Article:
Using skiing to make case for climate action 

Vail Resorts and Aspen Skiing and the big issue of our time

click to enlarge Staying cool Both Aspen and Vail are making efforts to  address climate change.
  • Staying cool Both Aspen and Vail are making efforts to address climate change.

Only in the rarified world of destination ski markets do Vail Resorts Inc. and the Aspen Skiing Co. seem all that different. They both sell pristine nature, adventurous sport and pampered luxury to the world's wealthiest people. Vail, a publicly owned corporation, has a somewhat more diversified market with its resorts more proximate to major metropolitan areas, both in Colorado and in California. Aspen's has private owners, the Crowns, a family from Chicago that gained Forbes 400 wealth in the trenches of industrial activity and military manufacturing.

But in the realm of social action, the two companies, like their hometowns, couldn't be more different. Aspen has always been eager to raise a voice about issues of the day, while Vail is intrinsically more cautious.

The different approaches were evident in December. Early in the month, Save our Winters, a group partly financed by the Aspen Skiing Co., released a report authored by a New Hampshire professor warning of havoc ahead for ski areas because of rising temperatures caused by human-caused greenhouse gases. Among those quoted in the reports was Auden Schendler, the Aspen Skiing Co.'s vice president for sustainability, who called on industry officials to "get off their asses" and treat climate change like an "existential threat."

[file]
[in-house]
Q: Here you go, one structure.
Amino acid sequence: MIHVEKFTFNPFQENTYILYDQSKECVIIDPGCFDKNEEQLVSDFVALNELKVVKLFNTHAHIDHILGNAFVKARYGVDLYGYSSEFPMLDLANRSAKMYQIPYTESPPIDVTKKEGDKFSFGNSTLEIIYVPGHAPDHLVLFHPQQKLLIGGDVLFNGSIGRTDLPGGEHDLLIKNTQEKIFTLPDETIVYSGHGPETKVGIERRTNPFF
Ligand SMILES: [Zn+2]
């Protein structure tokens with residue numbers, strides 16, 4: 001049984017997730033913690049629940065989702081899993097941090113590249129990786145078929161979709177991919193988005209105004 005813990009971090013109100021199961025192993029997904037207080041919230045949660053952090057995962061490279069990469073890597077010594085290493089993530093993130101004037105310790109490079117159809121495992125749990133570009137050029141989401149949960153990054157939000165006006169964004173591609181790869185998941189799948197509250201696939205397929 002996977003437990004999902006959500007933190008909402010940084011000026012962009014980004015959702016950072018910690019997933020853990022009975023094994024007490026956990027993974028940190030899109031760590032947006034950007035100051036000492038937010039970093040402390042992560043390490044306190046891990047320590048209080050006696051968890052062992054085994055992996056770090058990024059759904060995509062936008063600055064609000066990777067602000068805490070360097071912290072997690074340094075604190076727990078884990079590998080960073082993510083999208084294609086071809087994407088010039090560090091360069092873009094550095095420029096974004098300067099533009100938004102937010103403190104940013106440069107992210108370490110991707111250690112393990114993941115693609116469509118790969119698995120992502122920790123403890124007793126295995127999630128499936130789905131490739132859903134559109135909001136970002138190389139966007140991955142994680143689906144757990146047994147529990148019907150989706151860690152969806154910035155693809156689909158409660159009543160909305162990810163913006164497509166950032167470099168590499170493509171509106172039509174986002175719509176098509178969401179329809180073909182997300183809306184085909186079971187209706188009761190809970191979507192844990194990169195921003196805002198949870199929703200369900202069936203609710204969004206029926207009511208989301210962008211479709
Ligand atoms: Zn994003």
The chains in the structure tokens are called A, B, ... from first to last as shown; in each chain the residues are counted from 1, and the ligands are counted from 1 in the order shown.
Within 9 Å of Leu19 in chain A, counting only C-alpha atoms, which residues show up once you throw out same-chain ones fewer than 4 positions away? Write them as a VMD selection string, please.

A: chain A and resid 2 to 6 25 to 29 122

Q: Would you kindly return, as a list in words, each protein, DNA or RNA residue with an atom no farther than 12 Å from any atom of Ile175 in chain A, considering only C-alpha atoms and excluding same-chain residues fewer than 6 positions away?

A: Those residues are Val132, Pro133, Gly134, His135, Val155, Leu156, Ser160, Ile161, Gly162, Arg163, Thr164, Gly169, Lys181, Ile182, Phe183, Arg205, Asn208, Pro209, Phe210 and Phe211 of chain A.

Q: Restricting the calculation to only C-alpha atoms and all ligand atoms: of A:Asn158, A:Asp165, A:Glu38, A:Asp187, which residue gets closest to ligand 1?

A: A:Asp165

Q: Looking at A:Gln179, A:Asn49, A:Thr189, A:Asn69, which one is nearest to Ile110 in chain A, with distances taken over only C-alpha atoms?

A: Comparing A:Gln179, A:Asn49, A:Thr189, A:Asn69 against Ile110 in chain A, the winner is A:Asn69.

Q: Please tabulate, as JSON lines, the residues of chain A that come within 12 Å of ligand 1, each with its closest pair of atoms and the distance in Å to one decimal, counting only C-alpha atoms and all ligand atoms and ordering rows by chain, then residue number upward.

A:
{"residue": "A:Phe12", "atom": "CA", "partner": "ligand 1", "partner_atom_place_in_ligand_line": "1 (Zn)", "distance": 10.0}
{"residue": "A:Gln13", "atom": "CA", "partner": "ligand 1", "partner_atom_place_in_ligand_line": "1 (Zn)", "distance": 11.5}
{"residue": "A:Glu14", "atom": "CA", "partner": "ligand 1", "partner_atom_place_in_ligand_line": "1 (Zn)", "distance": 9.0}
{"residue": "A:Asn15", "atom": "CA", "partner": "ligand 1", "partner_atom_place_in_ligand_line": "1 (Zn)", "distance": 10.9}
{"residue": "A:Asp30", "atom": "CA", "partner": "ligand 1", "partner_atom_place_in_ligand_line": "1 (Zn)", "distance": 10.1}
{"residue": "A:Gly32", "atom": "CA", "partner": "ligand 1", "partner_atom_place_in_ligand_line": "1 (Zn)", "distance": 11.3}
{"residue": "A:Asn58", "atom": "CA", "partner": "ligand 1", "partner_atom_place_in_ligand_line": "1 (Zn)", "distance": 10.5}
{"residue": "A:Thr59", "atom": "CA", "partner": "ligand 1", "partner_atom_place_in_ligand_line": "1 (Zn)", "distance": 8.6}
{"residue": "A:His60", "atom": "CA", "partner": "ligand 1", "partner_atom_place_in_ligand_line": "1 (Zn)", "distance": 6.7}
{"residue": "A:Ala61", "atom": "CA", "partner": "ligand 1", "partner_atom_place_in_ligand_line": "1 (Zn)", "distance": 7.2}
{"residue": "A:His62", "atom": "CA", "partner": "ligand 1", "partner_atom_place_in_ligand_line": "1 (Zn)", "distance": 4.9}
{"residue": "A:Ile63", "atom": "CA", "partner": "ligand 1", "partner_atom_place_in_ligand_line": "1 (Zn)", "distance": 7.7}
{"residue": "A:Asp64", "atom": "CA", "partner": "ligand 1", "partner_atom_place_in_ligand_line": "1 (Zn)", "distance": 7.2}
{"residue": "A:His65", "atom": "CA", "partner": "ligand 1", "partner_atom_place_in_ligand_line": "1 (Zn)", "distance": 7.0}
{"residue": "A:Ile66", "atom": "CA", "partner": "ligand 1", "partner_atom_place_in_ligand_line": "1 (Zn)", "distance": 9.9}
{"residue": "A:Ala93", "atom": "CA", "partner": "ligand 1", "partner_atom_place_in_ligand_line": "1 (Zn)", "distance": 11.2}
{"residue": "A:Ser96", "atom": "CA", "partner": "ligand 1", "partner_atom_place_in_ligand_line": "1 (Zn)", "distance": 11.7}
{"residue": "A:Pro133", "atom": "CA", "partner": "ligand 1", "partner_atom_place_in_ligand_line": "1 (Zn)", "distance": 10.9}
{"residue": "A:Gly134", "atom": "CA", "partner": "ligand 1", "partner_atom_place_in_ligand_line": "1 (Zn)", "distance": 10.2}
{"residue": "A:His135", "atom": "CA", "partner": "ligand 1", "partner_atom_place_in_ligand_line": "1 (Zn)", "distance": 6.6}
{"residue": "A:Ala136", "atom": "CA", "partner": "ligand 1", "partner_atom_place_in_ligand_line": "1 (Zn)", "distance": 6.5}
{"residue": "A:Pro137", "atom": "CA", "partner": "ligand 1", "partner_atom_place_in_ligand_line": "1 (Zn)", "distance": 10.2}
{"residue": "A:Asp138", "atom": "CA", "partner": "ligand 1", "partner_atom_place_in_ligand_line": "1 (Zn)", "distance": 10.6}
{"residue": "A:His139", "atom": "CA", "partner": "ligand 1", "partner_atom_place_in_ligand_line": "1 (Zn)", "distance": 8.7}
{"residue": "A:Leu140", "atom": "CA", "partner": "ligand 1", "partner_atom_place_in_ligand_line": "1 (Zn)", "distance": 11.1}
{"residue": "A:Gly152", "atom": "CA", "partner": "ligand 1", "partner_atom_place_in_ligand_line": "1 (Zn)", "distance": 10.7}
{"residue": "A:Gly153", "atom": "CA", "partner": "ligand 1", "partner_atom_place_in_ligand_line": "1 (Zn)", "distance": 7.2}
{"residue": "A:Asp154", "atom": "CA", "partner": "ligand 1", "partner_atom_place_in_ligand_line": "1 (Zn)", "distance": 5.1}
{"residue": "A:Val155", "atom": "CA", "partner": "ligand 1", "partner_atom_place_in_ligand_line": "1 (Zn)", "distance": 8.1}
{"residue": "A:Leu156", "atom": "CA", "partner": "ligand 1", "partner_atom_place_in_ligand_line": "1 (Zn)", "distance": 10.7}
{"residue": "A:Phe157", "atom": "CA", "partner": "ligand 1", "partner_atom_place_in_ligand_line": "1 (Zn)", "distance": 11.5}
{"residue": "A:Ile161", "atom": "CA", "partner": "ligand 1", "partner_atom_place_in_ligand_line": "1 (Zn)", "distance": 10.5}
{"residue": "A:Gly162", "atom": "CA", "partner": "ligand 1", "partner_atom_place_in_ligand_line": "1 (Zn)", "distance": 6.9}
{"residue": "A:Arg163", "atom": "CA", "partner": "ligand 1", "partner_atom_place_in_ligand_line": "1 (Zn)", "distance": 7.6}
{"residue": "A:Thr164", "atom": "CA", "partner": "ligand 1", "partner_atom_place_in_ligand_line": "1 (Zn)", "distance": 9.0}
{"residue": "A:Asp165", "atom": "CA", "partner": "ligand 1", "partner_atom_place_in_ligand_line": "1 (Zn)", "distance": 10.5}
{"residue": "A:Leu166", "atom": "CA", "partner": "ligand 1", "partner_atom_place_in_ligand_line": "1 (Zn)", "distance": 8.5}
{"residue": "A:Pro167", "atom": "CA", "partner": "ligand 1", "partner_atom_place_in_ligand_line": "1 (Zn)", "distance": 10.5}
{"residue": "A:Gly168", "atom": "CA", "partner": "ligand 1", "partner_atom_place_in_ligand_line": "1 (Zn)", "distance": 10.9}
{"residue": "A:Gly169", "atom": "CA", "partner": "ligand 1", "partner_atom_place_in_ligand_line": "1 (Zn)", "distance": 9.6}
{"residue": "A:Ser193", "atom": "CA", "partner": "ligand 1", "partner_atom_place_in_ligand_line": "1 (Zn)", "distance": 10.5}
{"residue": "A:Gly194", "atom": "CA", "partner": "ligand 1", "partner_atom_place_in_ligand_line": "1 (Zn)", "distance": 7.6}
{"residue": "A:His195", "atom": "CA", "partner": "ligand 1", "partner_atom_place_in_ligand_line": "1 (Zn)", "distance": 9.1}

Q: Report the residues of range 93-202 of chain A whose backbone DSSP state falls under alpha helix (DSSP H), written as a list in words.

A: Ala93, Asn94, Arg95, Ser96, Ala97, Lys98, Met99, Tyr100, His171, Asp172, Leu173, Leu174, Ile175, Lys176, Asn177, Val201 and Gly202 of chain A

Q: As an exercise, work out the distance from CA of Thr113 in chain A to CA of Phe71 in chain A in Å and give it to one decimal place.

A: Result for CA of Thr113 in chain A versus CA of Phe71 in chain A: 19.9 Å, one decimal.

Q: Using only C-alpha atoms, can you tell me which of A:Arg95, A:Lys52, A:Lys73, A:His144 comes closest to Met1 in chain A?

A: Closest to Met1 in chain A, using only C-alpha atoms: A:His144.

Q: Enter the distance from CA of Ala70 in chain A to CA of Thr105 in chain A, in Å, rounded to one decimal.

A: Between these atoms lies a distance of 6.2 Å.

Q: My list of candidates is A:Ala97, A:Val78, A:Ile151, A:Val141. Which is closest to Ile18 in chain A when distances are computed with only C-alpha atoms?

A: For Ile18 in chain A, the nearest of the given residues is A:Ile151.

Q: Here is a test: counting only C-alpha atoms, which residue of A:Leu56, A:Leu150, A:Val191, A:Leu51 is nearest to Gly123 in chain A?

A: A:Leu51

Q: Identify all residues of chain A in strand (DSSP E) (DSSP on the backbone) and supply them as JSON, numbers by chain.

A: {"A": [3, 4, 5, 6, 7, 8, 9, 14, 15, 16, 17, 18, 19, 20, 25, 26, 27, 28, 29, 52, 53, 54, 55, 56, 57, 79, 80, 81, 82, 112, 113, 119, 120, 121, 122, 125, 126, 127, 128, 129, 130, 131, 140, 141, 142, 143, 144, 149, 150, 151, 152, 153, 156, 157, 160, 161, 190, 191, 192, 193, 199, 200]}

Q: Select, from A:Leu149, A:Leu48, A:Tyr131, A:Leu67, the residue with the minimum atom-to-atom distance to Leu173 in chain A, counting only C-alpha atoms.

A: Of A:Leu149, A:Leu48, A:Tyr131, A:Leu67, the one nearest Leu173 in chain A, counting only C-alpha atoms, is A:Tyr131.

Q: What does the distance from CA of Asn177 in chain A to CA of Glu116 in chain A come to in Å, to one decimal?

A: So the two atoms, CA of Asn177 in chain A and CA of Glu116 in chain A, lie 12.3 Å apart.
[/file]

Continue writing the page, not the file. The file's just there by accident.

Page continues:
Soon after, Rob Katz, the chief executive of Vail Resorts, had an op-ed in The Denver Post that seemed to be a direct response. "Count me in the category of someone who is very worried about climate change, but also someone who tries not to look at every weather pattern as 'proof' of something,'" he wrote.

Science is on his side in this. It's tempting to see the Apocalypse in every extreme of weather, whether drought or epic snowstorms, hurricanes or pine beetles. Climate scientists have typically warned against hasty conclusions. Indeed, while many saw in Katrina, the hurricane that wrecked New Orleans in 2005, as evidence of a storm fuelled by the energy of expanding global heat, the consensus opinion of scientists was that the storm intensity fell within the natural range of variability.

Climate change will only clearly become evident in the rear-view mirror, has been the cautious and standard attitude. Warming is clear enough. In places, such as higher elevations of the Sierra Nevada, earlier spring melt is clear. But other things are not so clear.

Recently, with Hurricane Sandy, the debate began again. Kevin Trenberth, a climate scientist at the National Center for Atmospheric Research in Boulder, Colo., who is farther on the edge than most of his colleagues, ventured on one radio interview that he believed the hurricane had 10 to 15 per cent more energy because of global warming.

Then, in Katz's op-ed came this: "But to the folks trying to alarm people with images of melting snow, here is the dirty little secret: When the effects of climate change really show up, no one will care about skiing at Aspen and Vail. They will be rightly focused on the wildlife, natural habitat and people of our planet, about the sea levels, flooding and natural disasters like Hurricane Sandy."

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